Saturday, October 13, 2012

October Haunting - Ghostly Photography

The Tulip Staircase Ghost 

On 19 June 1966, Reverend Ralph Hardy visited NationalMaritime Museum in Greenwich, England. When he went into the museum, Reverend Ralph was fascinated by an elegant spiral staircase known as the "Tulip Staircase". Therefore, he took a photo of the corridors to make memories. However, when he had his photos developed, he was stunned to see a shrouded figure clinging to the banister with both hands. The photo was taken immediately to experts and council members in both technical staff of leading Kodak ones. They examined the original and concluded that it had not been tampered with.

The Brown Lady

“The Brown Lady” is considered as the most famous ghostly photo that was taken at Raynham Hall in Norfolk, England by a Captain Provand in September, 1936. The ghost is thought to be Lady Dorothy Townshend, wife of Charles Townshend in the early 1700s. According to records, Dorothy died in 1726 but local people believe that her husband had lied about this. Indeed, Dorothy lived many years later under the tunnel and her husband had locked her in order to punish her for treason.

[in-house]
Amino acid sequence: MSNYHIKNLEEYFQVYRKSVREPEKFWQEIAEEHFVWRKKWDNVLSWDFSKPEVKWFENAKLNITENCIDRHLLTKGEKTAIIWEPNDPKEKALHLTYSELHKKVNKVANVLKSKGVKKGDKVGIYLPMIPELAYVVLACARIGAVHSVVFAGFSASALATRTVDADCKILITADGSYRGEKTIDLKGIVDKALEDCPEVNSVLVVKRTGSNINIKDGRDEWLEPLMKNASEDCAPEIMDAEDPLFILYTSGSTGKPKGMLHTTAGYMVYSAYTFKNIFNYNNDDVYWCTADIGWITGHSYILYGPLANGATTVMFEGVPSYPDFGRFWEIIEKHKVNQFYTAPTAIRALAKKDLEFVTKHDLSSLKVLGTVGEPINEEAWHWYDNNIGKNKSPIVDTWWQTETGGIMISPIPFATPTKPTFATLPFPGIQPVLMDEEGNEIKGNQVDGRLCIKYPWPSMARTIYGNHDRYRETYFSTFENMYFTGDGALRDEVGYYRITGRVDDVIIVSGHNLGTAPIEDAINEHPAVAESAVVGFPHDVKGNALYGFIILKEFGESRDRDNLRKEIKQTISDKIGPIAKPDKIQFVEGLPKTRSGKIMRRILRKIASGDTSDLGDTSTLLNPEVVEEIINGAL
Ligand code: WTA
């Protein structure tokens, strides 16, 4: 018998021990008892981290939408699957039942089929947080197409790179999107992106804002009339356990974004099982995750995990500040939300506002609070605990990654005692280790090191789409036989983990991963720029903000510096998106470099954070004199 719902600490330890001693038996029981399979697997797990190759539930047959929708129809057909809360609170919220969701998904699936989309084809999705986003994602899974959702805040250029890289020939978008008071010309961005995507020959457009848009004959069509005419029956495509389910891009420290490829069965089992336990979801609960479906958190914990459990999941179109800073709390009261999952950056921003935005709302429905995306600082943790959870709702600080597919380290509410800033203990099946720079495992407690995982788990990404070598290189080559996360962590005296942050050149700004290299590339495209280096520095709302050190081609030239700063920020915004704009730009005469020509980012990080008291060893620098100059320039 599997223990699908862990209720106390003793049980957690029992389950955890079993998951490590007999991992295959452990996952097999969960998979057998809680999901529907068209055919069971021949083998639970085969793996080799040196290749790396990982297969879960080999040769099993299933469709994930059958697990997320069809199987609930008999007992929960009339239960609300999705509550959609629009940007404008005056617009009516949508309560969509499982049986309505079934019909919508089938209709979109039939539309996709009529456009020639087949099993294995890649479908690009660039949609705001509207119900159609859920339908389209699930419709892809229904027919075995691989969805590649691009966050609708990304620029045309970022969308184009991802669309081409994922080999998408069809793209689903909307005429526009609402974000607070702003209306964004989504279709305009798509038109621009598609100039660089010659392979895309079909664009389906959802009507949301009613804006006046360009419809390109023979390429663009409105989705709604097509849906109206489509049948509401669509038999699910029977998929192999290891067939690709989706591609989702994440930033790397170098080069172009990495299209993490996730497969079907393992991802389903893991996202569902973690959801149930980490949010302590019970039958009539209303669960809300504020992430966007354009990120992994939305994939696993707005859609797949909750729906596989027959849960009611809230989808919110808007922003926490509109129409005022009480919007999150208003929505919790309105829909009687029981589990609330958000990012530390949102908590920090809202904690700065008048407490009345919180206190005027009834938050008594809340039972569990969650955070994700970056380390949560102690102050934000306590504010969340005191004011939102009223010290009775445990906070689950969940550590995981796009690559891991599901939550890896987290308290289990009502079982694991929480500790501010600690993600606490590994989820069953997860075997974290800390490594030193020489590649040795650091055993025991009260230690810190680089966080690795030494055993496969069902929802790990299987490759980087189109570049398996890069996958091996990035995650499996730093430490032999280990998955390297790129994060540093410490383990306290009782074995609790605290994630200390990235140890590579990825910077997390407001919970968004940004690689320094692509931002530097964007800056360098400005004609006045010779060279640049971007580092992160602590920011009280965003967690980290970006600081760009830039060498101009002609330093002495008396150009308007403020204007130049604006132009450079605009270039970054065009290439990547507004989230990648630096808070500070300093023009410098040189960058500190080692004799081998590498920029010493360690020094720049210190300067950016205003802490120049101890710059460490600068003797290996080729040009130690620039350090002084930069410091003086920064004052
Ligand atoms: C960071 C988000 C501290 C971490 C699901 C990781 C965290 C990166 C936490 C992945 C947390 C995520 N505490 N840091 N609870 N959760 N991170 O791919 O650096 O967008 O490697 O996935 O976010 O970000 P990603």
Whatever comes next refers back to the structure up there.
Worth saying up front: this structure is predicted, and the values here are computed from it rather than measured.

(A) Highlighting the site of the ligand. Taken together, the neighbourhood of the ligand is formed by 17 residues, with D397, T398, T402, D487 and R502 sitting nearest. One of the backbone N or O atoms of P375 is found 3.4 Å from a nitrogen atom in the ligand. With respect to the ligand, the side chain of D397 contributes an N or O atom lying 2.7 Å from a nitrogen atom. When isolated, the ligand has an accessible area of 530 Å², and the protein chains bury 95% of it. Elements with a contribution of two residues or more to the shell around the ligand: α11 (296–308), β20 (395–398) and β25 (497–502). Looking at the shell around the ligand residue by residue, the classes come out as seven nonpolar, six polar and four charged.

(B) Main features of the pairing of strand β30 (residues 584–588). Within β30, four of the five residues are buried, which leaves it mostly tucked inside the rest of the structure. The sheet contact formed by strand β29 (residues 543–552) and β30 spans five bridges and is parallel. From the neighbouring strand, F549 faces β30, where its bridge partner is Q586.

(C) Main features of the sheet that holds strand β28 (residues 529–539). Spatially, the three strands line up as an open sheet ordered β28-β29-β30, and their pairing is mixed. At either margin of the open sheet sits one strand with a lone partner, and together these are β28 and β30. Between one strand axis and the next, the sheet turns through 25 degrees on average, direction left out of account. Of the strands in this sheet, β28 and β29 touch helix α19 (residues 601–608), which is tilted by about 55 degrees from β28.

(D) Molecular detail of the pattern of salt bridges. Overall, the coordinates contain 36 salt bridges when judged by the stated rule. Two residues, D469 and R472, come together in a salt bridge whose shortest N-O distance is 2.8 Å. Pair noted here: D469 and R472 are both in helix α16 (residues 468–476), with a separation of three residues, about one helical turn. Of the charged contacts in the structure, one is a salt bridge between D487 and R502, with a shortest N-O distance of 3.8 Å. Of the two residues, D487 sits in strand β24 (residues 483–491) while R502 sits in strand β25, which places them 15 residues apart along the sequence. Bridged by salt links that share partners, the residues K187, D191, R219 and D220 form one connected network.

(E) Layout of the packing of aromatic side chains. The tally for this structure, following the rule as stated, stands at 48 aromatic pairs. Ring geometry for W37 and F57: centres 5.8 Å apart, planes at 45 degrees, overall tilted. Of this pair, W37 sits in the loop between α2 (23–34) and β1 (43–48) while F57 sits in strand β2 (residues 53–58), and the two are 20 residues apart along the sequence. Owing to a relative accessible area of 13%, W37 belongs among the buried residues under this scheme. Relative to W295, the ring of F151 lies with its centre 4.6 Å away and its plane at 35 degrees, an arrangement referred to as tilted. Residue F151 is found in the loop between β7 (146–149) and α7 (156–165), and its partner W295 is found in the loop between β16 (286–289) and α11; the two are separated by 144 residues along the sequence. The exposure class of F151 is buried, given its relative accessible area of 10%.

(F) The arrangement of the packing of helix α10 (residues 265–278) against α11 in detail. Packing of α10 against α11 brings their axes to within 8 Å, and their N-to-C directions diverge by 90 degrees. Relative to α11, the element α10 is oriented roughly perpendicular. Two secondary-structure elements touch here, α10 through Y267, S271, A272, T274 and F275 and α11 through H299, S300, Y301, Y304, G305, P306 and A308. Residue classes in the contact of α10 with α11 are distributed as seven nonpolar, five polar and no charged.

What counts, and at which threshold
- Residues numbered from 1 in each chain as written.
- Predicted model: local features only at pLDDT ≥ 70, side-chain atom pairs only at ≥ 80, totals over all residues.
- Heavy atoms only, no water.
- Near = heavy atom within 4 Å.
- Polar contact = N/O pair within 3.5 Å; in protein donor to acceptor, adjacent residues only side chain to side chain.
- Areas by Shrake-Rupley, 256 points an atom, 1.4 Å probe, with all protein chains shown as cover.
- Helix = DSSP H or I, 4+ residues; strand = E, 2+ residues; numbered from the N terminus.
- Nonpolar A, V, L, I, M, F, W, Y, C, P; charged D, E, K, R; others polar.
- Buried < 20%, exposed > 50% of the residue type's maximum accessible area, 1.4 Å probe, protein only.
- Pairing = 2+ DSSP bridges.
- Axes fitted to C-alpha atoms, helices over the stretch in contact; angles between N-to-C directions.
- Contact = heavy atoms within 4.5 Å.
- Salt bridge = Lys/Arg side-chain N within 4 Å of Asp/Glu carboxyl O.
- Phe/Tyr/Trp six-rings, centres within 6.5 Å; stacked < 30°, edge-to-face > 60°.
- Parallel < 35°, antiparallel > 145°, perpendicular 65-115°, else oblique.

The Back Seat Ghost

In 1959, Mrs. Mabel Chinnery spend one day-off visiting the grave of her mother. After snapping a few shots of her mother's gravestone, she took an impromptu photo of her husband who was waiting alone in the car. And Mabel met a miracle, her dead mother appeared in the photo.

 Lord Combermere’s Ghost 

In 1891, when Mr. Lord Combermere in Combermere Abbey died for having been struck and killed by a horse-drawn carriage, his family hired a photographer to capture the funeral. At the time Sybell Corbet took the above photo, Combermere's funeral was taking place some four miles away. The figure of a man can faintly be seen sitting in the chair to the left. His head, collar and right arm on the armrest are clearly discernable. It is believed to be the ghost of Lord Combermere.

The Spectre of Newby Church

This photograph was taken in 1963 by Reverend K. F. Lord at Newby Church in North Yorkshire, England. And this picture has become one of the most famous ghostly photo in history. Many people viewing this photo confirmed this is the face of Death. Immediately the picture was brought to experts and the photographers had to admit that this picture is not completely false. And so, this is the first photo shoot of Death’s real face.

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